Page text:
Published on 18/11/20
A three-day campaign running from 25-27 November will urge ‘hidden’ Australian garment workers sewing from home to ring a national hotline staffed by English and Vietnamese speakers (and other languages by request) to help them find out their legal entitlements and exercise their right to a safe working environment. “Homeworkers are particularly vulnerable in the garment industry as they often work in isolation, face unrealistic deadlines, long hours, irregular work and occupational health and safety issues,” said Angela Bell, National Manager, Ethical Clothing Australia. ECA says that despite strict labour laws and minimum wages in Australia, underpayment of workers in the garment industry is common, especially of homeworkers who are easy to exploit because they are often migrant women and hidden in complex supply chains. The three day campaign this month has been organised by ECA and the Textile, Clothing and Footwear Union (TCF Union).
“ECA provides a level playing field to businesses who are willing to undergo an independent audit of their supply chains and where issues are identified they must be fixed. The compliance and outreach officers are able to work with the businesses so that the workers, particularly homeworkers in the industry, are being treated appropriately.
“The ECA accreditation was first created because of high levels of exploitation of homeworkers. Underpayments and other forms of exploitation are issues that we have been uncovering and addressing for two decades,” said Ms Bell. Ms Bell said that COVID-19 saw some peak periods of demand for local workers to produce PPE such as gowns, scrubs and face masks leading to breaches in supply chains in the local industry, reinforcing the need for the accreditation program and the new campaign. Recent examples include:
- A homeworker owed $15,000 by their employer, which was only repaid after Outwork Outreach Officers and Compliance Officers helped to negotiate the payments.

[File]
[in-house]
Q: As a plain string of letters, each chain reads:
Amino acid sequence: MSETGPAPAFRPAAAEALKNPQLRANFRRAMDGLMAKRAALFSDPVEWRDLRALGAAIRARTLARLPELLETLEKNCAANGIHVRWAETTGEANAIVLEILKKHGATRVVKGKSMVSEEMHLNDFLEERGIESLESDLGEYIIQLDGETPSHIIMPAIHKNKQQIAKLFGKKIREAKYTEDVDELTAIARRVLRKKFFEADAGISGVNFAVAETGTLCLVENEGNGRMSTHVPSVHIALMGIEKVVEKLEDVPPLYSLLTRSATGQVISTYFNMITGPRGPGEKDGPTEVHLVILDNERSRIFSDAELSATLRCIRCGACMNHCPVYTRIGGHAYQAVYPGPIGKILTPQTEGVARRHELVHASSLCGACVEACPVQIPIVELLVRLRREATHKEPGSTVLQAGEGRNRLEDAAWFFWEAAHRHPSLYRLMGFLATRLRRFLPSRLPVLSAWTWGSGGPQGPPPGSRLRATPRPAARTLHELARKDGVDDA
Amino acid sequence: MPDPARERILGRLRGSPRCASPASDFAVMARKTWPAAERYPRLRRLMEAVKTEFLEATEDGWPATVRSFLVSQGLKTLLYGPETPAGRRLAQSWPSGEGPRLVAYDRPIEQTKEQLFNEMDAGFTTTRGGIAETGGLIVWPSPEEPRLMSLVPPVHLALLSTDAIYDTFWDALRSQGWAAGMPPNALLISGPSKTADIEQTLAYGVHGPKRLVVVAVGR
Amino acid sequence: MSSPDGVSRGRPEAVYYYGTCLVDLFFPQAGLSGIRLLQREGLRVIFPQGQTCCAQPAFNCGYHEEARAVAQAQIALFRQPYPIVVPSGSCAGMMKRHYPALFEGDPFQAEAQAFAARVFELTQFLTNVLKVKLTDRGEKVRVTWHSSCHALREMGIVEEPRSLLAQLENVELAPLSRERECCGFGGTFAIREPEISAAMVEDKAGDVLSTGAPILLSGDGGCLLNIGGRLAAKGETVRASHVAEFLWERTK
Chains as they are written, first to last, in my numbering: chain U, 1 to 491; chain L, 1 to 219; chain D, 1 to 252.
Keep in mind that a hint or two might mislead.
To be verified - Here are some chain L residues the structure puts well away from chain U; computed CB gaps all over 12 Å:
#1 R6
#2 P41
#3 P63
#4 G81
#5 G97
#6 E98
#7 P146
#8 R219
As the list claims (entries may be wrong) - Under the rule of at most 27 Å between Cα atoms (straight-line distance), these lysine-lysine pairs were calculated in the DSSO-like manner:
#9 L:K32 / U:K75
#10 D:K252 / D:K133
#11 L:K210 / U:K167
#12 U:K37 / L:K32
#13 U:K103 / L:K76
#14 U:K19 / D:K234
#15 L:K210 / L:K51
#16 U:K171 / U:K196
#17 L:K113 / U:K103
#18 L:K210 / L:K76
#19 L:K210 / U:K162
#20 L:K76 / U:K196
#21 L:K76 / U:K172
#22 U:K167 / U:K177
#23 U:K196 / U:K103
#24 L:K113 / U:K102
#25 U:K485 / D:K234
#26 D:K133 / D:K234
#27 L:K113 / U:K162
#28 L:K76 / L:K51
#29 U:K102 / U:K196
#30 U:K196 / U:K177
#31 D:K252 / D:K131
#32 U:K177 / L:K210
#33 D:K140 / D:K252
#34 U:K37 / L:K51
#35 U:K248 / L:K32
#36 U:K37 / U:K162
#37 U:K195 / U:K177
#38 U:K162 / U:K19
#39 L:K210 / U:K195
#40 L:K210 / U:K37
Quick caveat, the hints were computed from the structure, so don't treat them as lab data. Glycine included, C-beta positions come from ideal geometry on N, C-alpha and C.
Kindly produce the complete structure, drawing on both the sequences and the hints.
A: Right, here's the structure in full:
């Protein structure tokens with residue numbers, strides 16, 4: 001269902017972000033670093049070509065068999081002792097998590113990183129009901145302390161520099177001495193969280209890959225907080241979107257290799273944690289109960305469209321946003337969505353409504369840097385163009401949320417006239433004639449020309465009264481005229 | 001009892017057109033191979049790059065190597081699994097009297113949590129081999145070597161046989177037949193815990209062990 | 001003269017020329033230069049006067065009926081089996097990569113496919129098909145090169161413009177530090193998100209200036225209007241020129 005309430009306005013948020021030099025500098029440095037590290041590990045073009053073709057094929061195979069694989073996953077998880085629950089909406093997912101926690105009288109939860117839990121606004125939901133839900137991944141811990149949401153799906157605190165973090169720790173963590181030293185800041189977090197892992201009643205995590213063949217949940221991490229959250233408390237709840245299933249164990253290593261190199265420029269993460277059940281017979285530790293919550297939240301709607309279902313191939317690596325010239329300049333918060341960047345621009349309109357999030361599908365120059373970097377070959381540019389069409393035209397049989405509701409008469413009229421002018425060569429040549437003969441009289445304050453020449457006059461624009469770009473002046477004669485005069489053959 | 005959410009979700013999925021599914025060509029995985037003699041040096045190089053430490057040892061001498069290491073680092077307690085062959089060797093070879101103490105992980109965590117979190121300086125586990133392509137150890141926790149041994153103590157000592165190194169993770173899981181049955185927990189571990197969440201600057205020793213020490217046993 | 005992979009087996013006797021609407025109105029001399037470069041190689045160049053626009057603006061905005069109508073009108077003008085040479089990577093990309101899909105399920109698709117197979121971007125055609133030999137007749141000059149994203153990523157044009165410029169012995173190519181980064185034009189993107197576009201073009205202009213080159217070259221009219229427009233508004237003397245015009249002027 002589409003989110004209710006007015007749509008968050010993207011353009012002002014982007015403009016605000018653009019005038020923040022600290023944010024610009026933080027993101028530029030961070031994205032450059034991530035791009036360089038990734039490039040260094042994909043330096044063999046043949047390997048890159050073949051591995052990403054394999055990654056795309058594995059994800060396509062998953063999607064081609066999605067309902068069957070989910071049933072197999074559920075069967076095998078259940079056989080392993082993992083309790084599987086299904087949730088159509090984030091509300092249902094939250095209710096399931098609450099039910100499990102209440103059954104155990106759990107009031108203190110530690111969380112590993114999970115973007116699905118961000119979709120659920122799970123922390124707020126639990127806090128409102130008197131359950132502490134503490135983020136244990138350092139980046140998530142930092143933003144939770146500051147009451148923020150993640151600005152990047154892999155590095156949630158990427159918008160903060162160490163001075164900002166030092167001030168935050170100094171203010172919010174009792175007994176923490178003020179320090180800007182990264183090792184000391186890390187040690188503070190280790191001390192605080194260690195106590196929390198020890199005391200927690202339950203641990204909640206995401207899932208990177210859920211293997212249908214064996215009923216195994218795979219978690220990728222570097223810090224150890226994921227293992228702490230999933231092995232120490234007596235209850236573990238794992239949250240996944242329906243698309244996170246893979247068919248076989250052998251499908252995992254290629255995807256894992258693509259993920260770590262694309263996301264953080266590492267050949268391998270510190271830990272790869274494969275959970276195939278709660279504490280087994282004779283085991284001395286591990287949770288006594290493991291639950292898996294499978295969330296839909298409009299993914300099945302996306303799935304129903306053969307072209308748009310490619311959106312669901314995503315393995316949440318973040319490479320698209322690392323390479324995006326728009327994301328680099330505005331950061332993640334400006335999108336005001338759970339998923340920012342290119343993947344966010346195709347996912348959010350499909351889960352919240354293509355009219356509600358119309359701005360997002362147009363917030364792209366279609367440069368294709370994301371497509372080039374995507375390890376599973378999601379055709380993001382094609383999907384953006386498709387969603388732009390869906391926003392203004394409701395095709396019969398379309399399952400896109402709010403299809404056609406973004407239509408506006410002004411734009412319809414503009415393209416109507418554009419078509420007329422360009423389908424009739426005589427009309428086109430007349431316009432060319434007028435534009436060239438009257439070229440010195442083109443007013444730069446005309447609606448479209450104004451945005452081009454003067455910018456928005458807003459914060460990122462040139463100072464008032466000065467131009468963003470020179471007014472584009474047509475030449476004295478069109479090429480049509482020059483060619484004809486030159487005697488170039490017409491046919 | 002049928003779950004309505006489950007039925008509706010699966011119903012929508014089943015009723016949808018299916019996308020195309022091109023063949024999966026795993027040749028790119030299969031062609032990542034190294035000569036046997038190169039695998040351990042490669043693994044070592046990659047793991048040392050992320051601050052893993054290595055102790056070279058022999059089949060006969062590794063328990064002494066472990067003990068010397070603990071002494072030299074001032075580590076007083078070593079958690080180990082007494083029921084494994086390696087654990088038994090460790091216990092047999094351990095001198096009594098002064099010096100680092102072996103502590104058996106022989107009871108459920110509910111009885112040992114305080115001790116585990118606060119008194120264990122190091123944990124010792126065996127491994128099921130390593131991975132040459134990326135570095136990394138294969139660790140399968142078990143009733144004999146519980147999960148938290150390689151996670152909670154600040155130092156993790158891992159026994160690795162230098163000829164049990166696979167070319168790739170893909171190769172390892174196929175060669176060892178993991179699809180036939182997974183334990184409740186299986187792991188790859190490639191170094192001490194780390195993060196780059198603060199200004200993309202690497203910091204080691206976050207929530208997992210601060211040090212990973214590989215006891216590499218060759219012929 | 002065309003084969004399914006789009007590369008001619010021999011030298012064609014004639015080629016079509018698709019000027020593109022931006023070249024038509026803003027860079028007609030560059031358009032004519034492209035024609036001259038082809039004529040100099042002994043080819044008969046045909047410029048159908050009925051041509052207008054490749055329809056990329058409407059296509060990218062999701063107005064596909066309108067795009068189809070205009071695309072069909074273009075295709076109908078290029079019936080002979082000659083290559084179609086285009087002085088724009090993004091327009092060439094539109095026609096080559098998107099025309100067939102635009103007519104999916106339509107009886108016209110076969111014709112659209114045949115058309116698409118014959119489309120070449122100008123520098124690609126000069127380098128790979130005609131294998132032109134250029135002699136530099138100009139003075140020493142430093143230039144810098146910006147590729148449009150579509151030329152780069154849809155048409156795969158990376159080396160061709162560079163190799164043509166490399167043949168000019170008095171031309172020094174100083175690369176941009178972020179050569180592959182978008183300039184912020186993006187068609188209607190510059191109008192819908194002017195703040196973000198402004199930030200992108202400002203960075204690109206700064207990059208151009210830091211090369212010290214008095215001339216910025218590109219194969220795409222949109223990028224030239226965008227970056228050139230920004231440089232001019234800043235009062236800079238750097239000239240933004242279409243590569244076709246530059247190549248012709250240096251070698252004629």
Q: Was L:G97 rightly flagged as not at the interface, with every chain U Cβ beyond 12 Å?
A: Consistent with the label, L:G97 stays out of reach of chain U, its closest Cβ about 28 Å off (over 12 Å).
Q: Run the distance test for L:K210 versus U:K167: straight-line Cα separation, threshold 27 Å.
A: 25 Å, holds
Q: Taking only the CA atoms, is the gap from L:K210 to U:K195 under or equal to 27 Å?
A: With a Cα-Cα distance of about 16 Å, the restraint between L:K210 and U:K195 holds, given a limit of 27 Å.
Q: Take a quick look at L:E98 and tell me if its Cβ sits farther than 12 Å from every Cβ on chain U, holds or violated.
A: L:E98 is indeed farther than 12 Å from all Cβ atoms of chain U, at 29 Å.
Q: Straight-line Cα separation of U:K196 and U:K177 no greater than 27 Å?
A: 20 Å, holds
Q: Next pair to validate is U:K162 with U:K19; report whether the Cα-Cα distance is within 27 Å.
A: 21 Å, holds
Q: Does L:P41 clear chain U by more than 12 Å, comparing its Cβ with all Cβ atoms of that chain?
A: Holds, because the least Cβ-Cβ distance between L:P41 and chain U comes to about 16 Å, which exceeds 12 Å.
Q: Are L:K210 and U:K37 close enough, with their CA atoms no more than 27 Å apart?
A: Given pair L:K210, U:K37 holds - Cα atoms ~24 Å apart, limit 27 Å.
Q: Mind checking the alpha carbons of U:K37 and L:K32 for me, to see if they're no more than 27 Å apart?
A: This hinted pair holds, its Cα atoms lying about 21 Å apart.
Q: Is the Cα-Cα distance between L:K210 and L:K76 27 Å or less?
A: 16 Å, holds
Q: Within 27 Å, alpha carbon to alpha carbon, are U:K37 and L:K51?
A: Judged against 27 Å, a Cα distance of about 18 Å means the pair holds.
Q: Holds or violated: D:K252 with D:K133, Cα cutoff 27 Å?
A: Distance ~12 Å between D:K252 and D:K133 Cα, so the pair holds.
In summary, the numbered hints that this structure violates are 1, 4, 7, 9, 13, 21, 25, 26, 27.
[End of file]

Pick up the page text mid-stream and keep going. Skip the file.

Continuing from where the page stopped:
- A homeworker was asked to make face masks at a rate that equated to about $7 per hour, almost a third of the current minimum hourly wage ($20.41).
- Revelations that homeworkers were registered for Jobkeeper by their employers, however they were not receiving the payments until TCF Outwork Outreach Officers and Compliance Officers intervened.
“There’s an unverified number of homeworkers in Australia, but it is estimated to be in the thousands. Many don’t realise, but they are covered by the same Award as their factory colleagues,” said Ms Bell.
“Everyone deserves fair pay, and safe work conditions, no matter where they are working. Underpayment and poor work conditions are common, hidden by complex supply chains and the large numbers of migrant workers who may be fearful of speaking out about their rights for fear they’ll lose work,” said Ms Bell.
“Over these three days we’re encouraging people who sew from home for work to phone in anonymously and in their own language if they wish – to learn about correct pay, entitlements and safety at home. Estimates on the total number of garment workers in Australia range from 35,000 – 45,000 but the large number of ‘hidden homeworkers’ make counting the workforce difficult. Facts and stats:
- A 2019 Fair Work Ombudsman report revealed:
– 44% of Australian garment workers were born overseas
– 60% of Australian garment workers are women
– 48% of all textiles, clothing and footwear businesses manufacturing in Australia were compliant with workplace requirements
– More than 1-in-5 (22%) TCF businesses were underpaying workers
- Ethical Clothing Australia (ECA) is an accreditation body that works with local textile, clothing and footwear businesses to uphold the rights of Australian garment workers
- This year marks 20 years since the ECA accreditation system was first established as a joint national union-industry initiative. It is currently funded by the Victorian Government
- To achieve ECA accreditation, a business voluntarily opens up its supply chain to TCF Union auditors to verify that every manufacturing worker, including homeworkers, is paid fairly, receives all entitlements like super and sick leave and working in safe conditions.
Homeworker Hotline Campaign:
When: Homeworkers can all anytime on Wednesday 25th, Thursday, 26th or Friday 27th November, 2020
Time: 9am – 7pm
– Phone in to speak with a TCF Union Compliance Officer or Outreach Officer
– You can choose to remain anonymous
– If you speak Vietnamese phone Nguyet 0418 386 928 or Thao 0403 586 449
– If you speak English or to arrange an alternative language contact Beth 0418770 273 or Casey 0408 266 645.
If you are able to help spread the word about this campaign please contact firstname.lastname@example.org for assets and more information.
About Ethical Clothing Australia
Ethical Clothing Australia is a joint industry and union initiative first established in 2000 in response to rising concern about garment worker exploitation. The accreditation program was established under the leadership and collaborative efforts of the local Textile, Clothing and Footwear Union
(then known as the TCFUA), and businesses and employer groups from the local industry including the Australian Industry Group (Ai Group) and the New South Wales Business Chamber. ECA is a not-for-profit organisation currently supported by the Victorian Government. It was funded by the Federal Government up until 2012.
The ECA accreditation and labelling system provides consumers and buyers with a way to identify and support ethically made Australian textile, clothing and footwear products.